Sometimes, when making clock and other small parts, I forget to do a second operation before breaking down the setup. On other occasions, a part has to be machined with reference to a centre that is no longer there because I have replaced it, unthinkingly, with a hole. At other times, it seems impossible to hold a thin part for machining or handwork. Many times, the ideal holding device is a step or bell chuck, see photo 1.
Like other collets, they have a limited holding range and, in any case, for most amateurs they are prohibitively expensive. I have a few that I bought in a second-hand-tool shop but rather like policemen, the size I need is never there when I want it. Over the years I have resorted to various stratagems including using a type of glassworkers cement to glue work pieces to face plates and spigots. The easiest to use is a mixture of equal parts of rosin and beeswax cast into sticks a few millimetres in diameter. The surfaces to be joined have to be heated first, touched with a stick of cement and then held together until they cool down. The hold is not especially tenacious so heavy cuts cannot be made. Also the cement melts at 50 degrees C.
Recently, while browsing a friends book on clock construction, I came across the super-glue chuck. It is so simple that I thought its use should be more widely known as a solution to some difficult machining problems. It is made from any piece of metal of more-or-less the right size for the job that can be held in a chuck and faced. Aluminium seems to be preferable to steel as, although the specific heat of steel is half that of aluminium, steel is about 2.8 times as dense. This makes aluminium quicker to heat when removing the super-glue after machining. Super-glue itself is based on methyl methacrylate and sets very rapidly in the absence of oxygen. It is reasonably cheap for a small tube.
Superglue chuck.
Chuck your piece of metal. It will usually be round, but can be square. Face it and make a few shallow grooves in the face about 4 or 5mm apart. Without these, the glue will not set properly. If a part is to be located from a hole, then drill through, bore and ream to size for a plug or spigot, see photo 2.
Rear end.
If you are locating from a big hole, it makes sense for the spigot to have a step and the hole in the chuck to be a small one, so you can reuse the chuck. Apply a drop or two of super-glue to the back of the work piece and slide it over the spigot until it contacts the face of the chuck. Hold for a few seconds and remove the spigot or push it through into the bore of the lathe spindle. If you do the latter, retrieve it with a magnet on a stick so it does not annoy you by rattling, or score the taper in the bore, photo 3.
Within minutes, the bond will be strong enough for you to machine the part. Maximum strength is reached after about twelve hours. Do not get glue on the spigot, especially if you need to work on the bore of the part and do not get it on your fingers, as it will stick them together instantly. It has also been known for eyelids to be stuck together with super-glue, so I suppose I should add that you should wear goggles as a precaution.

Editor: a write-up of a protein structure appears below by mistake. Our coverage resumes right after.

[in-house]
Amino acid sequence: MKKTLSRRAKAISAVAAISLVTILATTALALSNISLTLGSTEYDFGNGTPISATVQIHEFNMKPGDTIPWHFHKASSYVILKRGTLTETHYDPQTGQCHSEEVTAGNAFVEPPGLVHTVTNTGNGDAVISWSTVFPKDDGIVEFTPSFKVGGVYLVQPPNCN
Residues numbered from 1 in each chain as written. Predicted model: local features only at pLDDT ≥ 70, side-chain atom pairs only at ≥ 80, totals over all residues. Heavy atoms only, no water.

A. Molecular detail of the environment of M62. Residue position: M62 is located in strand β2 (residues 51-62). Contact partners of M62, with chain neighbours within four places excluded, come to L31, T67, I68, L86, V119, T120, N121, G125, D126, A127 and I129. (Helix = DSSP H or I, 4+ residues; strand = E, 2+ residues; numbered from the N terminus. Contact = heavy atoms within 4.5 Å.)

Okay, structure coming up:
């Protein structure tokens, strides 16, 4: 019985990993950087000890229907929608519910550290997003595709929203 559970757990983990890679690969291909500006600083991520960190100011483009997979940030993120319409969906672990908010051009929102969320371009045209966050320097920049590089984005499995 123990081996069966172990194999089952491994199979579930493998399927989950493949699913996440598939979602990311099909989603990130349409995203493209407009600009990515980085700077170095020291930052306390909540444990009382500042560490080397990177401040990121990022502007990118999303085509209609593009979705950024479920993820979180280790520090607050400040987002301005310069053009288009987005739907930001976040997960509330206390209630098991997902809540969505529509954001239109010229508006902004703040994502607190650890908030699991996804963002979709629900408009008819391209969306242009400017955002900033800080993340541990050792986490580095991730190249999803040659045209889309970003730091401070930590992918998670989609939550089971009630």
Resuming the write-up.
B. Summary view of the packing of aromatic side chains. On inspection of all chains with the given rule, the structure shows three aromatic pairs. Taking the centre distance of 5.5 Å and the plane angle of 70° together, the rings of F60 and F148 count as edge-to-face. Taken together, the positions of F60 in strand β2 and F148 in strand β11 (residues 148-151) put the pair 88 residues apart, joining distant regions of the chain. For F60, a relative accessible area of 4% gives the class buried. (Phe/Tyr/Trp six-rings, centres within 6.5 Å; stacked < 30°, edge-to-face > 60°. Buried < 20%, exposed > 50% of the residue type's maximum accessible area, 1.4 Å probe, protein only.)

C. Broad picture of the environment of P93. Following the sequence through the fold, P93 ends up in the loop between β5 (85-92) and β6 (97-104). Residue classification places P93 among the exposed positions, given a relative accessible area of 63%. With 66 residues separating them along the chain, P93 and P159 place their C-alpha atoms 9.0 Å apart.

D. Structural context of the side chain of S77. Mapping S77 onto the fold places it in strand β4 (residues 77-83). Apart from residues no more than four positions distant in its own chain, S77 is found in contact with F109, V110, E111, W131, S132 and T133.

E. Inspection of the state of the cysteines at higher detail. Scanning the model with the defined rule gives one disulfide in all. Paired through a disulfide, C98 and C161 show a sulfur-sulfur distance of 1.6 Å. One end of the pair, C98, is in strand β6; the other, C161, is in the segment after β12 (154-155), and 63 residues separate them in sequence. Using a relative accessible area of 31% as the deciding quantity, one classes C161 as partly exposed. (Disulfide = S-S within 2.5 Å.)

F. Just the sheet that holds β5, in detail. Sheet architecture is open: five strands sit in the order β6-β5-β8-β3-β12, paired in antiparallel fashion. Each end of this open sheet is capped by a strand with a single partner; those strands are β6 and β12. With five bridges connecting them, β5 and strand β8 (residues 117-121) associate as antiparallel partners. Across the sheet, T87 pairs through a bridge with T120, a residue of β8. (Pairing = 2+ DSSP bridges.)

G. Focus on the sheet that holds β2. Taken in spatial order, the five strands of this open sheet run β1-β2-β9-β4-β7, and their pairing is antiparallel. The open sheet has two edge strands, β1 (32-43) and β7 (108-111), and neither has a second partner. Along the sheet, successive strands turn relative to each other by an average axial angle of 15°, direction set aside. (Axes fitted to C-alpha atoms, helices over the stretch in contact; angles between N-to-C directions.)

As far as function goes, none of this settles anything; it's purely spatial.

Clock bridge.
Photo 4 shows an hour wheel bridge for a table clock that could have been machined using a rather uncertain set up with a four-jaw chuck, but probably at the cost of losing concentricity of the outside of the pipe. The hold was strong enough to machine the feet by turning rather than by milling, but I took only light cuts of a millimetre at a time and left the spigot in place to give extra support to the pipe.

Photo 5 shows the hour wheel itself. The teeth were cut holding the blank on a mandrel with a 4mm diameter bore. With the super-glue chuck, it is easy to re-centre the wheel and bore it out to the required 12.5mm, knowing that the bore will be square to the face. In this case, I used a piece of square aluminium scrap for the chuck and left the business end square.
Trepaning tool.
Sometimes it is necessary to locate a tool with reference to the centre of the work piece. To this end, when making the spigot you need to turn a sharp point on the end. Then, using a hand lens, you can locate the tool edge on centre and then reposition it using the cross slide index. Photo 6 shows where a trepanning tool is being positioned to cut a groove of the correct radius in the Vulliamy pallets of a dead-beat escapement.

It is worth noting that the correct use of a hand lens, with the lens close to the eye gives you a clear and undistorted image.
When you have finished machining, mark the super-glue chuck opposite jaw number one. My three-jaw chuck at least will hold work repeating to within 0.02mm so I dont have to bother to re-bore or re-face it each time unless doing very critical work. An old trick to find out which key position gives the best concentricity with a three-jaw chuck is to use a piece of ground bar and a dial indicator. I mark the best key position with a dab of red paint, which can be seen in some of the photos. To remove the work piece, simply heat up the super-glue chuck until the glue gives way. With brass, it seems to happen at a temperature where the marking-out blue loses its colour. A few strokes on a piece of 300 grit paper on a flat surface removes the glue residue from the work piece and the super-glue chuck itself. The chuck then lives on to be used for another day.
If you do accidentally glue your fingers together, try slowly peeling them apart in warm soapy water. This does not work for eyelids, but they usually become unstuck of their own accord within a day or two.